3 such that would add to the more substituted atom of the alkene Mechanism! R R or h! 2 R initiation steps R H R H + H 2 H 2 + H 3 H 3 H 2 propagation steps H H 2 + H 3 H ote that the bromine radical left above can then go back into the reaction and react with another 2-methylpropene molecule The reaction is ended when all of the chain-carrying radicals (those involved in the propagation steps) combine with other radicals in the termination step (for example, below) 2 H H 2 3 H3 H 2 H 3 In contrast to H, the acids Hl and HI do not undergo free-radical addition to alkenes, even in the presence of peroxides or 2 Abstraction of H from Hl is too endothermic, and addition of I to an alkene is too endothermic 112 Free-Radical Polymerization of Alkenes The most important free-radical chain reaction conducted in industry is the free-radical polymerization of ethylene to give polyethylene Industrial processes usually use (t-bu) 2 as the initiator The t-bu radical adds to ethylene to give the beginning of a polymer chain The propagation part has only one step the addition of an alkyl radical at the end of a growing polymer to ethylene to give a new alkyl radical at 3

4 the end of a longer polymer The termination steps are the usual radical radical combination and disproportionation reactions 113 Free-Radical Substitution of Alkanes Probably the best-known example of a free-radical reaction is the halogenation of alkanes with 2 or BS (-omosuccinimide) This chain reaction is initiated by homolytic cleavage of 2 induced by light or heat The propagation step consists of two atom abstraction reactions 4

5 When more than one kind of H atom is present, the H atom that is removed is usually the one that will leave behind the lowest energy radical H atoms are never removed from (sp) or (sp 2 ), only from (sp 3 ) Among (sp 3 ) H bonds, it is easiest to remove a H if a heteroatom such as or is attached to the If no such H atom is present, then the H atom that is removed is best allylic or benzylic (the is attached to a = π bond or to a benzene ring) If there are no allylic or benzylic H atoms, then the order of reactivity of H atoms is 3 > 2 > 1 Free-radical halogenation is most commonly applied to allylic or benzylic halogenation because the radicals formed at these positions are most stable ote that alkenes can react with 2 by either an electrophilic addition reaction, to give 1,2-dibromoalkanes, or by a free-radical substitution reaction, giving 3-bromoalkenes The former pathway predominates in the dark, whereas the latter pathway predominates in the presence of strong light 2 2 h! dominates in the dominates in strong dark light BS (-bromosuccinimide) is often used as the source in freeradical brominations This is to keep the concentration of bromine low and hence reduce competition by electrophilic addition of 2 to give 1,2-dibromoalkane In these reactions using BS in l 4, it is thought that 2 is the actual halogenating agent + BS l 4 ; heat or h! 5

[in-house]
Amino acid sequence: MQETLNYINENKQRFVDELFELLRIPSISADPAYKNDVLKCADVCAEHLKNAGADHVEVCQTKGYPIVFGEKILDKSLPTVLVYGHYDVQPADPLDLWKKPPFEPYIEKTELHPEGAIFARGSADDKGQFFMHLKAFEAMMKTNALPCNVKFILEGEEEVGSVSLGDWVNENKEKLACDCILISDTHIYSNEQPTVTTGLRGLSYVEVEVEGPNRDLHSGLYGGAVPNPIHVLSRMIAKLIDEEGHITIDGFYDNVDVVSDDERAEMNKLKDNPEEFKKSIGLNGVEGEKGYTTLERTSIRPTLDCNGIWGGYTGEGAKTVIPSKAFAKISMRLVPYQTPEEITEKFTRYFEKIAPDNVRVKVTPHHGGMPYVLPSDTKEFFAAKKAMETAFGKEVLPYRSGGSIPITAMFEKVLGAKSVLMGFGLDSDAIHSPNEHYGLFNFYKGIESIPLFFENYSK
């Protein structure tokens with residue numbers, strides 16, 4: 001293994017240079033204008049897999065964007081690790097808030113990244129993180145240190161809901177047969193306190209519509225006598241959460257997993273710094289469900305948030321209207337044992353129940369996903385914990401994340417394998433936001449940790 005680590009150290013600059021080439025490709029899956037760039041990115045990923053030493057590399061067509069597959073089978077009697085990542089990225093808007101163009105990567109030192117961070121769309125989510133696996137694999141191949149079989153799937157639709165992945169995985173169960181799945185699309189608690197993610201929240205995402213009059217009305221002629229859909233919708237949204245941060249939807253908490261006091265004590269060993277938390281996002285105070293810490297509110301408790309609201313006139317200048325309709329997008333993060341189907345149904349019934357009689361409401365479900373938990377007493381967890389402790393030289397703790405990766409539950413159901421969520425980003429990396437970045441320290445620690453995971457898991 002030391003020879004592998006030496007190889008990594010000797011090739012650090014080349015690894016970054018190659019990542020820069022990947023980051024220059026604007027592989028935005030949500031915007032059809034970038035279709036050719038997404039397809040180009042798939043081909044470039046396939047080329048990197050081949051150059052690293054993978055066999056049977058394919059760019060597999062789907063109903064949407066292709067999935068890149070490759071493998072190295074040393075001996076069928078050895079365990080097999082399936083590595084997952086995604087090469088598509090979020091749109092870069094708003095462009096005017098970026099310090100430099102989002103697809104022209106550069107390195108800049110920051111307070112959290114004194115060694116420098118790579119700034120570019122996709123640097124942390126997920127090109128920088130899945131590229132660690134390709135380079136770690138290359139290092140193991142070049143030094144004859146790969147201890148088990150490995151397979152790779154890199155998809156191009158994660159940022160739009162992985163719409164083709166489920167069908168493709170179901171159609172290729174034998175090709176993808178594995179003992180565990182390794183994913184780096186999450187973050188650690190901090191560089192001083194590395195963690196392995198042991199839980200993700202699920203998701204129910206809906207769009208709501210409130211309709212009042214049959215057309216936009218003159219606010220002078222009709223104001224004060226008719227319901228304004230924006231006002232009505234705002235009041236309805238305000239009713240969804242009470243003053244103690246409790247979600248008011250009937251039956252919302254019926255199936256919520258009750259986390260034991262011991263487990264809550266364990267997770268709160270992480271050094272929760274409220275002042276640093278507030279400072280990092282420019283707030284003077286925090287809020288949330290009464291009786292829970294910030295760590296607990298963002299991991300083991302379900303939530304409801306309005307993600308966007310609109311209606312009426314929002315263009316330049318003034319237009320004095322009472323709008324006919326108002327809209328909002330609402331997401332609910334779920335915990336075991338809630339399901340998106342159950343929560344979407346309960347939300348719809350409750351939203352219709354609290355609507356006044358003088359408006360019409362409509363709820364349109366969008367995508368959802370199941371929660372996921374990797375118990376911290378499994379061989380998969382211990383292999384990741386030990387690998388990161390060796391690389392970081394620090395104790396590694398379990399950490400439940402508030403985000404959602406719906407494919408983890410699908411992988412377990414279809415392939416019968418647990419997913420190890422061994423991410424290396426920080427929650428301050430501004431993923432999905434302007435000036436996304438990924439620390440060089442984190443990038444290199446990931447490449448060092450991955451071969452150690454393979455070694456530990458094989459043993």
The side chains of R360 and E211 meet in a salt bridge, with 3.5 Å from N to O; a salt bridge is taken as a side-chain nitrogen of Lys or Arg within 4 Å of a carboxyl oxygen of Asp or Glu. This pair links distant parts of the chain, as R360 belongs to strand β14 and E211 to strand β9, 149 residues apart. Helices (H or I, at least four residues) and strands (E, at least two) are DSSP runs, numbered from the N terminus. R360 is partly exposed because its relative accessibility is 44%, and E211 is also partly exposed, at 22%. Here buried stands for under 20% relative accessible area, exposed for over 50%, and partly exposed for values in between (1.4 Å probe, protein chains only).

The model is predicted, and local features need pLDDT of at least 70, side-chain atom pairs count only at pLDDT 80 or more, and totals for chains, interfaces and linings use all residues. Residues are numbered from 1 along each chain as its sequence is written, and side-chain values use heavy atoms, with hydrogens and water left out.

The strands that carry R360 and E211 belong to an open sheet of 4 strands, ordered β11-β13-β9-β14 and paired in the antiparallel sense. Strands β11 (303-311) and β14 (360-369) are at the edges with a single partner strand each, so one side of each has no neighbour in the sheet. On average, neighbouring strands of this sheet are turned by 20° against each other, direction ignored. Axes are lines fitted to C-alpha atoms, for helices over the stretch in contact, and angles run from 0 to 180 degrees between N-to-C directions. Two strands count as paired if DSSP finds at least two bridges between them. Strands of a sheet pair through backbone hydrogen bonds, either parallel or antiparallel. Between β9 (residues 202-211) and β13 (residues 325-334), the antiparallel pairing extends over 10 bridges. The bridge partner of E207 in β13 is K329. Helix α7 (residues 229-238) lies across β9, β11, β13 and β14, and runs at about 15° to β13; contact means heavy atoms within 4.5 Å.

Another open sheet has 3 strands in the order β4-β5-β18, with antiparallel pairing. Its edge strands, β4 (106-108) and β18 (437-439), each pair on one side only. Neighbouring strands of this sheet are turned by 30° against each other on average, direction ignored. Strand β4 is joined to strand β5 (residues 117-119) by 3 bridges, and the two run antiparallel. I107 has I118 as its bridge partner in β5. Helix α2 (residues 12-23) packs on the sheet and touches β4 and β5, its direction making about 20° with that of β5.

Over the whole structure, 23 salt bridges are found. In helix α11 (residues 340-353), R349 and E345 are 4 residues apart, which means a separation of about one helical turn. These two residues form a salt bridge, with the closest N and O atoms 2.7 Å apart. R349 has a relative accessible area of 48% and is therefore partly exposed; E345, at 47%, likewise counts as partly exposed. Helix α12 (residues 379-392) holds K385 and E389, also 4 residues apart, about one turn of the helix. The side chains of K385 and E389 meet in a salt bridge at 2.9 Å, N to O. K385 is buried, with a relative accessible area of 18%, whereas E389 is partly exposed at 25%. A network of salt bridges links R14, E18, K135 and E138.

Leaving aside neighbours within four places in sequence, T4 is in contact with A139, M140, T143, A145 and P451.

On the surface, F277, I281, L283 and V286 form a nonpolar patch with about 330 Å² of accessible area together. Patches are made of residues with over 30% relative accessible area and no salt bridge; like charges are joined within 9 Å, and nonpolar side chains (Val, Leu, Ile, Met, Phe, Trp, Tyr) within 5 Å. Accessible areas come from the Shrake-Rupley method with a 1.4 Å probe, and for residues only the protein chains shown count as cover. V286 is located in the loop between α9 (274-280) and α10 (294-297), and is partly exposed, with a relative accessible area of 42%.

6 2 is generated as follows (i) Homolytic cleavage of the - bond of BS generates a atom, which abstracts an allylic hydrogen from the alkene (cyclopentene) heat or h! + BS H H + (ii) The H thus formed reacts with BS to produce a 2 molecule H (iii) This 2 molecule reacts with the allylic radical formed earlier and a new bromine atom is produced that can begin the cycle anew + f course, in allylic halogenation, transposition of the double bond can easily occur For example, in 4,4-dimethylcyclopentene Elemental chlorine can be used in free-radical halogenation reactions, too, but these reactions are less easily controlled, because the l radical is more reactive than the radical and hence less selective The reagents t-bul and S 2 l 2 are used as alternative chlorinating agents The F radical is so reactive, and the reaction F F + H 6

7 H F + F is so exothermic, that free-radical fluorinations result in violent and uncontrollable exotherms (explosions) At the other extreme, free-radical iodinations of alkanes do not work well at all, as the H abstraction step is too endothermic 7